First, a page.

Borrowed words (Intensive Reading)


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Borrowed words (Intensive Reading)

  1. 1. BORROWED WORDS Prepared by: Katherine Aine Codas
  2. 2. Loan Words• words adopted by the speakers of one language from a different language.
  3. 3. Loan Words• words borrowed from a donor language and incorporated into a recipient language.
  4. 4. Why is there a “borrowing” of words?
  5. 5. They (often consciously) adopt the new word when speaking the borrowing language, because it most exactly fits the idea they are trying to express.
  6. 6. Those who first use the new word might use it at first only with speakers of the source language who know the word, but at some point they come to use the word with those to whom the word was not previously known.
  7. 7. I. Germanic Periodancor anchor‘butere butter (L < Gr. butyros)cealc chalk‘ceas cheese(caseum)cetel kettle‘cycene kitchen‘cirice church (ecclesia < Gr. ecclesia)disc dish (discus)mil mile (milia [passuum] a thousand paces)piper pepper‘pund pound (pondo a weight)sacc sack (saccus)sicol ‘sickle‘straet street ([via] strata straight way or stone-paved road)weall wall (vallum)win wine (vinum < Gr. oinos)
  8. 8. II. Old English Period (600-1100)Latin apostol apostle (apostolus < Gr. apostolos) casere caesar, emperor‘ ceaster city (castra camp) cest chest (cista box) circul circle‘ cometa ‘comet (cometa < Greek) maegester master (magister) martir martyr‘ paper paper (papyrus, from Gr.) tigle tile (tegula)Celtic brocc badger‘ cumb combe, valley
  9. 9. III. Middle English Period (1100-1500)Scandinavian• anger, blight, by- law, cake, call, clumsy, doze, egg, fellow, gear, get, give, hale, hit, husband, kick, kill, kilt, kindle, law, low, lump, rag, raise, root, scathe, scorch, score, s cowl, scrape, scrub, seat, skill, skin, skirt, sky, sly, take, they, them, their, th rall, thrust, ugly, want, window, wing• Place name suffixes: -by, -thorpe, -gate
  10. 10. III. Middle English Period (1100-1500)French• Law and government— attorney, bailiff, chancellor, chattel, country, court, crime, defendent, evide nce, government, jail, judge, jury, larceny, noble, parliament, plaintiff, plea, prison, revenue, state, tax, verdict• Church— abbot, chaplain, chapter, clergy, friar, prayer, preach, priest, religion, sacra ment, saint, sermon• Nobility—baron, baroness; count, countess; duke, duchess; marquis, marquess; prince, princess; viscount, viscountess; noble, royal (contrast native words: king, queen, earl, lord, lady, knight, kingly, queenly)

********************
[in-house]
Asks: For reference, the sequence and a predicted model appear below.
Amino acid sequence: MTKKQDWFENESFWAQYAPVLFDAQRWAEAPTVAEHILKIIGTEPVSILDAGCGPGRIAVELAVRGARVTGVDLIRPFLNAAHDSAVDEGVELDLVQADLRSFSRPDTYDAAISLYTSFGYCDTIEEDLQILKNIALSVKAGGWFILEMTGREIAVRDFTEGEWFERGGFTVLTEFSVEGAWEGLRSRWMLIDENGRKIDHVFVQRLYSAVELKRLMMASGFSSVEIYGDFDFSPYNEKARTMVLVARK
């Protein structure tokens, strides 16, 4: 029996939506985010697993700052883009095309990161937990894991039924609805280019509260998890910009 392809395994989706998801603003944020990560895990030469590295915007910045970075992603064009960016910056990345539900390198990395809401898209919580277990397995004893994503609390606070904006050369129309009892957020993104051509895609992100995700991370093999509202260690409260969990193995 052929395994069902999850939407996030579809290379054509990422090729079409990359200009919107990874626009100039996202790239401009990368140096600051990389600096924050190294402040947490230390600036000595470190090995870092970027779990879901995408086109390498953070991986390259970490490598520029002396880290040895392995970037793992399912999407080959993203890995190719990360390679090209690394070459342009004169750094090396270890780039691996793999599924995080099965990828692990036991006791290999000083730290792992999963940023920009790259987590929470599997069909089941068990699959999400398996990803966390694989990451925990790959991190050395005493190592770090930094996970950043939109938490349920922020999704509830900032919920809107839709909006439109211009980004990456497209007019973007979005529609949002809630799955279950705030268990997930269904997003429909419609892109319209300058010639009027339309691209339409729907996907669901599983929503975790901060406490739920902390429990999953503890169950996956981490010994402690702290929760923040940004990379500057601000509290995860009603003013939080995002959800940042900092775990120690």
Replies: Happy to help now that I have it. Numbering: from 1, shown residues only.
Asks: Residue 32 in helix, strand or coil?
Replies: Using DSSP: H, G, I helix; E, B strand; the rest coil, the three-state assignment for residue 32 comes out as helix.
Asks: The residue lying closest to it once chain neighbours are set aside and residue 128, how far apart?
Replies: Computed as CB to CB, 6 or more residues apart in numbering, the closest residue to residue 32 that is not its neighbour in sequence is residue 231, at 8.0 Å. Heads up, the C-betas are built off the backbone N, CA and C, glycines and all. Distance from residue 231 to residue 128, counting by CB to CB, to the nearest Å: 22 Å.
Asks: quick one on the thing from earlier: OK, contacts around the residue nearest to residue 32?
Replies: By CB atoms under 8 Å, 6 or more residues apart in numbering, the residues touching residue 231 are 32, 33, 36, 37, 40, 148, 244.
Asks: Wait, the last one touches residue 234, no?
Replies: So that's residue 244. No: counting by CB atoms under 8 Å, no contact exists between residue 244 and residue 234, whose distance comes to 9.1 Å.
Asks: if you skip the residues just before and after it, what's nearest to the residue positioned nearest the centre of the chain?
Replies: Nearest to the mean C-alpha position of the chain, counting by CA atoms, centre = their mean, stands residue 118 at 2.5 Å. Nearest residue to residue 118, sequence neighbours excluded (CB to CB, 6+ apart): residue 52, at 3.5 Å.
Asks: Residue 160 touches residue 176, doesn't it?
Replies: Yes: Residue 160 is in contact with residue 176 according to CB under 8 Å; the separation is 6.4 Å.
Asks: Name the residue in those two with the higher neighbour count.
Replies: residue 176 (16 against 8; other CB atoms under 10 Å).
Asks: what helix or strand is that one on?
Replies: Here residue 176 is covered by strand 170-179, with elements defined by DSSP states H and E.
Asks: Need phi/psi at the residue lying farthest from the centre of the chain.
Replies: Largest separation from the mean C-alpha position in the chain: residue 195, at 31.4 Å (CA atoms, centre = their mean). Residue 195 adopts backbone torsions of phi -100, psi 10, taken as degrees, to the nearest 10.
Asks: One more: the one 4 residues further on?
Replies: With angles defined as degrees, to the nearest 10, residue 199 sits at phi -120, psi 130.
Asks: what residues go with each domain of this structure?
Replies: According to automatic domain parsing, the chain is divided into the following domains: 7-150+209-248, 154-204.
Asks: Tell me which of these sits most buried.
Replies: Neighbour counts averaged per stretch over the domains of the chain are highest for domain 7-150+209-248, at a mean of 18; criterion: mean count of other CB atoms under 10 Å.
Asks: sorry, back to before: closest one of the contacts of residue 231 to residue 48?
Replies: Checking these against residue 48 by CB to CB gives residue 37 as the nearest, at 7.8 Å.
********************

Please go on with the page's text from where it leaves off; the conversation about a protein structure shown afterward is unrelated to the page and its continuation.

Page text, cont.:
11. 11. III. Middle English Period (1100-1500)• Military— army, artillery, battle, captain, company, corporal, defense,enemy,marine, navy , sergeant, soldier, volunteer• Cooking— beef, boil, broil, butcher, dine, fry, mutton, pork, poultry, roast, salmon, stew, v eal• Culture and luxury goods— art, bracelet, claret, clarinet, dance, diamond, fashion, fur, jewel, oboe, paintin g, pendant, satin, ruby, sculpture• Other— adventure, change, charge, chart, courage, devout, dignity, enamor, feign, fruit , letter, literature, magic, male, female, mirror, pilgrimage, proud, question, reg ard, special Also Middle English French loans: a huge number of words in age, -ance/- ence, -ant/-ent, -ity, -ment, -tion, con-, de-, and pre- .
  12. 12. IV. Early Modern English Period (1500-1650)Latin agile, abdomen, anatomy, area, capsule, compensate, dexterity, discus, dis c/disk, excavate, expensive, fictitious, gradual, habitual, insane, janitor, me ditate, notorious, orbit, peninsula, physician, superintendent, ultimate, vin dicate
  13. 13. IV. Early Modern English Period (1500-1650)Greek (many of these via Latin) anonymous, atmosphere, autograph, catastrophe, climax, comedy, critic, d ata, ectasy, history, ostracize, parasite, pneumonia, skeleton, tonic, tragedyGreek bound morphemes: -ism, -ize
  14. 14. IV. Early Modern English Period (1500-1650)Arabic via Spanish— alcove, algebra, zenith, algorithm, almanac, azimuth, alchemy, admiral via other Romance languages— amber, cipher, orange, saffron, sugar, zero, coffee
  15. 15. V. Modern English (1650-present)Words from European languagesFrench French continues to be the largest single source of new words outside of very specialized vocabulary domains (scientific/technical vocabulary, still dominated by classical borrowings).• High culture—ballet, bouillabaise, cabernet, cachet, chaise longue, champagne, chic, cognac, corsage, faux pas, nom de plume, quiche, rouge, roulet, sachet, salon, saloon, sang froid, savoir faire• War and Military— bastion, brigade, battalion, cavalry, grenade, infantry, pallisade, rebuff, bay onet• Other— bigot, chassis, clique, denim, garage, grotesque, jean(s), niche, shock• French Canadian—chowder• Louisiana French (Cajun)—jambalaya